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Wed, Aug

Mr Jacob Osei Yeboah, President of ICAG

Ghana News
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According to him, the second round of election being practiced in Ghana was not the best since it “creates room for the two biggest political parties to do everything within their powers to win power”.
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The Independent Candidates Association of Ghana (ICAG), a group of individuals aiming to contest various positions in the 2020 election, is advocating for a referendum to change the second round of voting where the two political parties with the highest votes get the opportunity to go head-to-head for the presidential slot.


The group proposed that the two parties with the highest votes must be given the opportunity to form a government with the minority parties, indicating that the “party with the highest votes can be given the opportunity to convince the minority parties to add their votes to attain the 50 per cent plus a vote”.

“If the first party fails to do so, the opportunity should be given to the second party with the highest votes to also convince the smaller parties to add their votes after which a government could be formed,” The President of ICAG, Mr Jacob Osei Yeboah, said in an interview with the Daily Graphic.

Best practice

According to him, the second round of election being practiced in Ghana was not the best since it “creates room for the two biggest political parties to do everything within their powers to win power”.

Apart from the state having to cough huge resources to plan the run-off election, Mr Yeboah said political parties “are forced to do everything within their power to get the needed funding for a second campaign”.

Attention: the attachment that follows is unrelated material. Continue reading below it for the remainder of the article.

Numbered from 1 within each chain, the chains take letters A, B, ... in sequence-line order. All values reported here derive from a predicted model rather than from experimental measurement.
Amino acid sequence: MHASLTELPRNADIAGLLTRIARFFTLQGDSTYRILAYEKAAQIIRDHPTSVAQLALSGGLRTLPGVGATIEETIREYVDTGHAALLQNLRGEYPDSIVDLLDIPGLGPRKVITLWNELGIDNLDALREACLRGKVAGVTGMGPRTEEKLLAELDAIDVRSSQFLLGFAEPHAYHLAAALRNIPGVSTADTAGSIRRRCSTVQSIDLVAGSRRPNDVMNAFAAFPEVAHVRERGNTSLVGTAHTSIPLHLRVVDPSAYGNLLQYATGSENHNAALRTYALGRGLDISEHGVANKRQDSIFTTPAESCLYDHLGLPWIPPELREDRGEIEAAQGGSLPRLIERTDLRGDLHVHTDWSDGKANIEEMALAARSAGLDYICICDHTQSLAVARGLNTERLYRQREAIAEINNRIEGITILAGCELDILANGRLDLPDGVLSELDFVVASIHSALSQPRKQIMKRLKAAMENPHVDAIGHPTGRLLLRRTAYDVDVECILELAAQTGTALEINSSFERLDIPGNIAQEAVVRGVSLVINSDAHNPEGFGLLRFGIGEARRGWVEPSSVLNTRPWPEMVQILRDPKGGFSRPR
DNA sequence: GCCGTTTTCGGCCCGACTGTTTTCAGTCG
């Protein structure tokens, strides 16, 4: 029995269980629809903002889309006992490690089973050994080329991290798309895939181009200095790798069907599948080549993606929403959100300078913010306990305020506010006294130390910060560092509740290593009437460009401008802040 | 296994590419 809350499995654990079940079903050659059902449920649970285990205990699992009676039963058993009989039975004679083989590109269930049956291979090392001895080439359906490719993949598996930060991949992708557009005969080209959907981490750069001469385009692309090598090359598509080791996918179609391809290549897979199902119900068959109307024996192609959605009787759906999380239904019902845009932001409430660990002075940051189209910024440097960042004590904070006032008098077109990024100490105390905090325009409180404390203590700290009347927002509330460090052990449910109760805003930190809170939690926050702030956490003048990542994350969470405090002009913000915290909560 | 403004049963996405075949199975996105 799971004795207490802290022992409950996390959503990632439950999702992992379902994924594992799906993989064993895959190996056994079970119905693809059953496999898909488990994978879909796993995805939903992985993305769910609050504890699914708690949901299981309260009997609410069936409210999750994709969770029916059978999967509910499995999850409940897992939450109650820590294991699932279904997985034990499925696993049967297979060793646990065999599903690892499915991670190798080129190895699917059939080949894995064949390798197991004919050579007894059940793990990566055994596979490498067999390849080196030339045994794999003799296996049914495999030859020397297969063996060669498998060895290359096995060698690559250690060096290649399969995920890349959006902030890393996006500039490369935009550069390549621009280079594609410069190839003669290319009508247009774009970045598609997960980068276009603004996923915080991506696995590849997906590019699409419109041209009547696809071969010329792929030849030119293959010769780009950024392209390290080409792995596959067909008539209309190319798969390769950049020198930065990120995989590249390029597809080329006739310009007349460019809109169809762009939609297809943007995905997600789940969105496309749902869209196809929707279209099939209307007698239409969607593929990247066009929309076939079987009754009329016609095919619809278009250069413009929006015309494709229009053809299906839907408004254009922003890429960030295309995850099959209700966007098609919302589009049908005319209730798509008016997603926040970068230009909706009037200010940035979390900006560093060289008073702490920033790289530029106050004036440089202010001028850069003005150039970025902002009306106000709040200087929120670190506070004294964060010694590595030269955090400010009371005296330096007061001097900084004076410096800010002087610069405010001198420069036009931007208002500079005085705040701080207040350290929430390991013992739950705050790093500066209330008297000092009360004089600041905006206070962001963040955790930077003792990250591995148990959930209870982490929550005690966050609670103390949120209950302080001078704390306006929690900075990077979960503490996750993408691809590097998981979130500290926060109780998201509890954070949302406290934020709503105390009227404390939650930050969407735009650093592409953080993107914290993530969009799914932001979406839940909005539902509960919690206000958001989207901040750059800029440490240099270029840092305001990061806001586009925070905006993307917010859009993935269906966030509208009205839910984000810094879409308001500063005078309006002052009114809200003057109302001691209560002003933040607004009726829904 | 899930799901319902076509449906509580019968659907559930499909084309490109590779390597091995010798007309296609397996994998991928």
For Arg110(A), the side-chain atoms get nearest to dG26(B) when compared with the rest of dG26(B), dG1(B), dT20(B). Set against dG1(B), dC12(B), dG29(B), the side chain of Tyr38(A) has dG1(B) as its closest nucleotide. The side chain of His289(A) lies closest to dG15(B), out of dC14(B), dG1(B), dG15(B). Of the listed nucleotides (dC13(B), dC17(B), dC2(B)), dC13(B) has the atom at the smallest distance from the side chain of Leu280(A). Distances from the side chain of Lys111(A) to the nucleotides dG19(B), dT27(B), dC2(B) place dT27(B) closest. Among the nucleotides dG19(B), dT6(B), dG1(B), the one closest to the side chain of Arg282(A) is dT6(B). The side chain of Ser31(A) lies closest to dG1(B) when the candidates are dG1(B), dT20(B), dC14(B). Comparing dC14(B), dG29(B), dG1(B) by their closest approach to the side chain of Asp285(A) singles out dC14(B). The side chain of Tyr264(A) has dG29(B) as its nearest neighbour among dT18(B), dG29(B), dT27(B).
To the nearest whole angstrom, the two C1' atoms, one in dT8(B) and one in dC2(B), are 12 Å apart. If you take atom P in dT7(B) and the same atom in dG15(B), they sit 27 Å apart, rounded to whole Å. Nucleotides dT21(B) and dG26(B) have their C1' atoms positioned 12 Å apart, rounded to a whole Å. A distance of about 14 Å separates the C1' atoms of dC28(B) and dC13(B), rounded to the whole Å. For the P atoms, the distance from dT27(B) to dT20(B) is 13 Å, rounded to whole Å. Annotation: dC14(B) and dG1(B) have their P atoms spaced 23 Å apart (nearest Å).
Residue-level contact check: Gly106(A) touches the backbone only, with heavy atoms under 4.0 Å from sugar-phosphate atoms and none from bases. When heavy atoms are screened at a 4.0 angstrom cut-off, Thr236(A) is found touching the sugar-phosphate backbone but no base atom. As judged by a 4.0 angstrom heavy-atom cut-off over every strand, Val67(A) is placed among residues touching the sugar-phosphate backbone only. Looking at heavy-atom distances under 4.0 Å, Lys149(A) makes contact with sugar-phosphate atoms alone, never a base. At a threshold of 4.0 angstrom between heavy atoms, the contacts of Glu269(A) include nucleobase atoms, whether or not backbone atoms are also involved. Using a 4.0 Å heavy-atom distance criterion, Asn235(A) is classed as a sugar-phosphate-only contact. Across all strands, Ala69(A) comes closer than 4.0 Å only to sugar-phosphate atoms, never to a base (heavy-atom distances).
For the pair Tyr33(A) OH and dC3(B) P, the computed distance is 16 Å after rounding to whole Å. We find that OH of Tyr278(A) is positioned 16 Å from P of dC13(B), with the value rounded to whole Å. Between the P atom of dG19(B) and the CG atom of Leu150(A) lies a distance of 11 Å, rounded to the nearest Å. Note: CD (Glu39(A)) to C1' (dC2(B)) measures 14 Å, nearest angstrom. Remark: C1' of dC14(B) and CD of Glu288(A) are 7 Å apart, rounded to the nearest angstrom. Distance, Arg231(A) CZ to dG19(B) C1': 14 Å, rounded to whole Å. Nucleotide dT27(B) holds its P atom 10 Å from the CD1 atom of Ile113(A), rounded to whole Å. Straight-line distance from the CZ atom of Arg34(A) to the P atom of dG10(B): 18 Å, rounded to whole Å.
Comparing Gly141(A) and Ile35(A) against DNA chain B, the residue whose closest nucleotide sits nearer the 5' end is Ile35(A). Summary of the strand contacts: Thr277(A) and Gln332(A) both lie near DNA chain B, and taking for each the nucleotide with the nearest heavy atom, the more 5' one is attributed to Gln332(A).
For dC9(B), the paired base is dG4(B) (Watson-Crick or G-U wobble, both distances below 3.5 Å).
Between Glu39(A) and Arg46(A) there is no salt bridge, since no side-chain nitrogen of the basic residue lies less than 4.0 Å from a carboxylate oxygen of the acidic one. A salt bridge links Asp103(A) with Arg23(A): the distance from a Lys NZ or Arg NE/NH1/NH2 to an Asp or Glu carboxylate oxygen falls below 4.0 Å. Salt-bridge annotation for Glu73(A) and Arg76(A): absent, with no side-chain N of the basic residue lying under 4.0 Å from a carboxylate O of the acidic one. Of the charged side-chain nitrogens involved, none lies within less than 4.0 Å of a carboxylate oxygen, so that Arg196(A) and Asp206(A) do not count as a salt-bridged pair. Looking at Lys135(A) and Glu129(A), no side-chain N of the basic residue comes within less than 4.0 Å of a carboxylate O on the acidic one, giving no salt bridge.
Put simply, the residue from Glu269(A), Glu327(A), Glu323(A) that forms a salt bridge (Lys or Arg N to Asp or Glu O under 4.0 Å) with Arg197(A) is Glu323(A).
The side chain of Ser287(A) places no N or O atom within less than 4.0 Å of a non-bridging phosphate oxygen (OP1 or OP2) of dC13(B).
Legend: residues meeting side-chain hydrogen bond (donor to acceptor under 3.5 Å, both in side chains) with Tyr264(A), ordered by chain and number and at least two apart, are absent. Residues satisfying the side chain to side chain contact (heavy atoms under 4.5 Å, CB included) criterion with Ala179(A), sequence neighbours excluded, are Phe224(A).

“This is where you see political parties enter into partnership with organisations or individuals to sponsor them. The parties, in their desperate state, offer the sponsors whatever they want so that they get the finances for the second round,” he said.

Mr Yeboah said a lot of contracts given to people or organisations were entered during election year, adding that “most of the resources of the state have been sold out to organisations that sponsored parties”.

Developed states

Using Germany as an example, he said the country “does not allow for a second round of election but rather creates an avenue for the leading party to form a government with the minority party”.

“In this way, no more resources are spent on election and parties are not forced to seek sponsorship that would make them enter into wrong contracts,” Mr Yeboah said.

He said allowing the leading party to form a government with the minority parties would also address the winner takes all politics, adding that “such a government will be more nationalistic”.

Additionally, Mr Yeboah said it would also make minor political parties to become more relevant in the country since the biggest parties would need their support in the extreme case.

He expressed the hope that Ghana would consider the proposal and offer a proper dialogue on the need to change second round of election.

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